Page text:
Jan 21, 2019
It’s hardly news that computers are exerting ever more influence over our lives. And we’re beginning to see the first glimmers of some kind of artificial intelligence: computer programs have become much better than humans at well-defined jobs like playing chess and Go, and are increasingly called upon for messier tasks, like driving cars. Once we leave the highly constrained sphere of artificial games and enter the real world of human actions, our artificial intelligences are going to have to make choices about the best course of action in unclear circumstances: they will have to learn to be ethical. I talk to Derek Leben about what this might mean and what kind of ethics our computers should be taught. It’s a wide-ranging discussion involving computer science, philosophy, economics, and game theory.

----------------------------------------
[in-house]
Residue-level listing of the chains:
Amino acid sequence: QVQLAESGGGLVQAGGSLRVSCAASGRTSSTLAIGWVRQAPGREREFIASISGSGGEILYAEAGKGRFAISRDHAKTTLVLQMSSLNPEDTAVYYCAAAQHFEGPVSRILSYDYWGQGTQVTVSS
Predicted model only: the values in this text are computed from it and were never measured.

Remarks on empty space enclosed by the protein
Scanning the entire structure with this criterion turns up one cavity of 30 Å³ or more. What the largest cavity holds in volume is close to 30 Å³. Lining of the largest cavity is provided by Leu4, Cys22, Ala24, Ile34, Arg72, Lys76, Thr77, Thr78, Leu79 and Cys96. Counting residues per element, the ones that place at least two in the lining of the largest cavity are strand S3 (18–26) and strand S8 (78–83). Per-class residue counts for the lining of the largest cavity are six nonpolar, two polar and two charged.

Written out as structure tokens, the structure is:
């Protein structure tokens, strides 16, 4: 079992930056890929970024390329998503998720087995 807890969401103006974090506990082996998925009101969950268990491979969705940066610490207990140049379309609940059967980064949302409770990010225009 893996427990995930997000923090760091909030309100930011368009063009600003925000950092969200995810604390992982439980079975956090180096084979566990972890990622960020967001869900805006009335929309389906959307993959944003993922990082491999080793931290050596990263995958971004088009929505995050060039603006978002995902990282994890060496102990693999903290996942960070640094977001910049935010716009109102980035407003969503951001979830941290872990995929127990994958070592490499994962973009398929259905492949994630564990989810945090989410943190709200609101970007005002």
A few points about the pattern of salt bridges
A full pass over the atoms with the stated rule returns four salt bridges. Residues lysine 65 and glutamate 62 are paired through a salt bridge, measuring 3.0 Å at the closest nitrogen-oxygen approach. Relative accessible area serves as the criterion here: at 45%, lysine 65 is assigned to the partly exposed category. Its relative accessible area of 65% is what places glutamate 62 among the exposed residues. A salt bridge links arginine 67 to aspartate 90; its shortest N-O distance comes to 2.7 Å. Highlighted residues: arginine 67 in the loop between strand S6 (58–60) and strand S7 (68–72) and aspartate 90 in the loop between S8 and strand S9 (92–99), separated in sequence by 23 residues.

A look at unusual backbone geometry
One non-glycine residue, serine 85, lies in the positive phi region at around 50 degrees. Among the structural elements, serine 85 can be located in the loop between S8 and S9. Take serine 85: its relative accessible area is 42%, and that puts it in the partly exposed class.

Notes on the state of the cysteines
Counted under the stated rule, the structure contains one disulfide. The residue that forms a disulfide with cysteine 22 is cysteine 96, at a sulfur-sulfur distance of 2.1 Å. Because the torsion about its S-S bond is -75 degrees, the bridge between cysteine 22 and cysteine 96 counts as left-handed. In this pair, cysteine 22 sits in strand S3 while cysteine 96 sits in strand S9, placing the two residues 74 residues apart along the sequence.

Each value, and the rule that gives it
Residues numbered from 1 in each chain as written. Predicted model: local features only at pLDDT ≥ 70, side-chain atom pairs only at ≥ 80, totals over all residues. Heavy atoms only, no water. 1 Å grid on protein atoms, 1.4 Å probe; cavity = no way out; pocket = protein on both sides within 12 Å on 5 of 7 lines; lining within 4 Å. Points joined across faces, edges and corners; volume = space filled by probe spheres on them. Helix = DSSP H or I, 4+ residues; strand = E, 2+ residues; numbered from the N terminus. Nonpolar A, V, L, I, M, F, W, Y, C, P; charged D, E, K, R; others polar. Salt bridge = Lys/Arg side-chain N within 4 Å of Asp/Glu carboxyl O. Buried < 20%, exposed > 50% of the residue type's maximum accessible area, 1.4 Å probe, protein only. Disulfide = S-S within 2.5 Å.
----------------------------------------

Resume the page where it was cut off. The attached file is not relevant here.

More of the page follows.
Derek Leben received his Ph.D. in philosopy from Johns Hopkins University in 2012. He is currently an Associate Professor of Philosophy at the University of Pittsburgh at Johnstown. He is the author of Ethics for Robots: How to Design a Moral Algorithm.